Our city must keep its busy, buzzing heart - John McLellan
The advantage of living in a compact city which has not been hollowed out is that so many amenities are very close at hand, and the council is launching it’s 20-minute-neighbourhood to establish the principle in the way it provides services.
The closer you live to the middle of town the easier it is for most, but not all, people to reach amenities without needing a car and a high number of people already live in such a neighbourhood.
From where we live, the kids could walk to school, and I could be on Princes Street, at Murrayfield or the doctor’s surgery in ten minutes on the bike. What we can’t do is a big grocery shop or reach a hospital, but by and large we don’t need a car for day-to-day living.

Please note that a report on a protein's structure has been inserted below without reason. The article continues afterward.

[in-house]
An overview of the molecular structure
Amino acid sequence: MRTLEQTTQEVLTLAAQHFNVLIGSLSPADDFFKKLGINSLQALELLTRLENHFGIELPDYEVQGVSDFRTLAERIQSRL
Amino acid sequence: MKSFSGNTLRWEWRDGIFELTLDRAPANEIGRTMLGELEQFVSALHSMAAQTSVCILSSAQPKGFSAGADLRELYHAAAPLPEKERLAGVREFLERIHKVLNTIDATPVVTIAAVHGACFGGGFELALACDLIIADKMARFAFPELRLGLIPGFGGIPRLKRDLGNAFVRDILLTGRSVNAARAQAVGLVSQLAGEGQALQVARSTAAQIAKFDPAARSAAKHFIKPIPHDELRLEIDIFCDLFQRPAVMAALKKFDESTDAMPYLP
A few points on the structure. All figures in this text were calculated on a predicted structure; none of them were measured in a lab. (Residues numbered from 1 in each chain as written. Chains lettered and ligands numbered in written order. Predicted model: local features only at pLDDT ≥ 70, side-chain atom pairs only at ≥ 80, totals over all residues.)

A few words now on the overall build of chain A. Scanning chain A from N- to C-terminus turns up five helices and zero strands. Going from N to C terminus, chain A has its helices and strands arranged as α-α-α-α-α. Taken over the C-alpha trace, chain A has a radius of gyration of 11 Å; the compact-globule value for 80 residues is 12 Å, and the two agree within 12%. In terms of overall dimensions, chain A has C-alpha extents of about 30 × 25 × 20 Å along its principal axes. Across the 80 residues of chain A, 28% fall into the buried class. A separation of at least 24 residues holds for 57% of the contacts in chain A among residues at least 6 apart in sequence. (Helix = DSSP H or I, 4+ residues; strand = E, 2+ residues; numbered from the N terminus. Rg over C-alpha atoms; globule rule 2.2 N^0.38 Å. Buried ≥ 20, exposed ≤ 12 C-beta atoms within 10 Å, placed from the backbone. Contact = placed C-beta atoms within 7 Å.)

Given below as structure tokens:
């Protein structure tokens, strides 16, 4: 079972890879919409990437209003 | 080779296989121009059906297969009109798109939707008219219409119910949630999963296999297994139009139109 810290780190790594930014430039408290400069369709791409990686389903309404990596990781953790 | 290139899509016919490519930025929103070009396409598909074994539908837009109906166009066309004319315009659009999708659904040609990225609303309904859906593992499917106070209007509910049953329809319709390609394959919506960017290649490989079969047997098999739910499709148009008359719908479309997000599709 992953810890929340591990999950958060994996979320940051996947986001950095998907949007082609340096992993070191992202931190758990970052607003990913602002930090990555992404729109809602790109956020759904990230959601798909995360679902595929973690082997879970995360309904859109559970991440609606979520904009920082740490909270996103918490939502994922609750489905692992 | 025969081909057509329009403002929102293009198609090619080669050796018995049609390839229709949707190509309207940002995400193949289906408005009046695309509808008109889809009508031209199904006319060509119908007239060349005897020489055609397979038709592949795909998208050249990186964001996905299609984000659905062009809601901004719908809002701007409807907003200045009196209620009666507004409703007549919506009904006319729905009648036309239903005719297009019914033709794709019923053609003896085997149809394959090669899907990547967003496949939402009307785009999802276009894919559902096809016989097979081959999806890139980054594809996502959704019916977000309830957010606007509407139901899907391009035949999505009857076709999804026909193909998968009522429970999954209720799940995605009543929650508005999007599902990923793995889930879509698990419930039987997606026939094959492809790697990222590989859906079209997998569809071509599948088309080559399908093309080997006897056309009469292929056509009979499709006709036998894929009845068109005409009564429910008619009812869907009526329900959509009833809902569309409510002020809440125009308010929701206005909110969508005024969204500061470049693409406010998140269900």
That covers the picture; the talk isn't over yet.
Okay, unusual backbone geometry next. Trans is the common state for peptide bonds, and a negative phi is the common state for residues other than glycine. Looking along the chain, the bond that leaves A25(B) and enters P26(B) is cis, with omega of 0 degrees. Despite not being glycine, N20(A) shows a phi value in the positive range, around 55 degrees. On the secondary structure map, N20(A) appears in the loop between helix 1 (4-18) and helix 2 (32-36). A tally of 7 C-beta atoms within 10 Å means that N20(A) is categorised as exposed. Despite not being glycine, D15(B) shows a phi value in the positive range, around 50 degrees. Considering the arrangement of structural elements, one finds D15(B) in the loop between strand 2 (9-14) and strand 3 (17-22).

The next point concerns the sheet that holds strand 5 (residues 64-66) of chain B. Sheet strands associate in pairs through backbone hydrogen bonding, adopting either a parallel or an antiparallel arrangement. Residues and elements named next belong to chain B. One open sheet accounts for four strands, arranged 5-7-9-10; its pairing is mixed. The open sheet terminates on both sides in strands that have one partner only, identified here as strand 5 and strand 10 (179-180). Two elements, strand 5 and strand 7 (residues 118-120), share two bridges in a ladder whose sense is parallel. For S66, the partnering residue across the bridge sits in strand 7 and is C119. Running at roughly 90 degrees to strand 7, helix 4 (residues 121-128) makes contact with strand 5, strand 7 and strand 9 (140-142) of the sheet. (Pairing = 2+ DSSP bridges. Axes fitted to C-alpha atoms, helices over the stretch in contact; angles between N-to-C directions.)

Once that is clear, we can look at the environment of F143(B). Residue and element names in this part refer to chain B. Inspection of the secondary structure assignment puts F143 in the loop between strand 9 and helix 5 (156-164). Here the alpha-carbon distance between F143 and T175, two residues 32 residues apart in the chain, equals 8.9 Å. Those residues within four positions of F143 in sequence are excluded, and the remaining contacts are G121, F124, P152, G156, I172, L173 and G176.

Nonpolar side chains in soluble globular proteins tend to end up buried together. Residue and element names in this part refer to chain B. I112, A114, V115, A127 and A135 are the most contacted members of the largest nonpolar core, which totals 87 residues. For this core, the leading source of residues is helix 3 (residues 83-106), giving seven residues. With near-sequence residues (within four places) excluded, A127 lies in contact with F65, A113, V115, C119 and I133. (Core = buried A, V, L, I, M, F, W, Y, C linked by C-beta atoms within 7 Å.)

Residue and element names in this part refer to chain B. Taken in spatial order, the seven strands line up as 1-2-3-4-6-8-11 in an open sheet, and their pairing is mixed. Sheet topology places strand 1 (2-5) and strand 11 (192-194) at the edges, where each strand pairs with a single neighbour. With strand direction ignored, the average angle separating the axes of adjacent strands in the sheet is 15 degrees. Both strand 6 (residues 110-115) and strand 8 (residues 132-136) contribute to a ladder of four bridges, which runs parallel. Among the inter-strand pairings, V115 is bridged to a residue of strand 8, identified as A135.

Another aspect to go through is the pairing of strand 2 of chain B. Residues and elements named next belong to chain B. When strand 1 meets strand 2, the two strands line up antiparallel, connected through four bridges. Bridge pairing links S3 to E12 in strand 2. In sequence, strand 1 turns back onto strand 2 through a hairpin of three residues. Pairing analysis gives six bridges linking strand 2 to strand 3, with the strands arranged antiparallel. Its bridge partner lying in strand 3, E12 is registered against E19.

But the logical extension of the strategy is that people are dissuaded from travelling in from the suburbs, and allied with changes to the roads the middle of town risks becoming one which more residents actively avoid.
Marry that up with the impact of the pandemic, and no wonder city centre businesses feel besieged, with no tourists, far fewer office workers and a campaign which infers that coming into town should only be by necessity. It’s not just souvenir shops which are on a knife-edge.
Of course, the city administration would disagree but the danger of creating mixed messages should be obvious. The whole city benefits from a busy, buzzing heart and that can’t be lost.
-John McLennan is a Conservative councillor for Craigentinny / Duddingston ward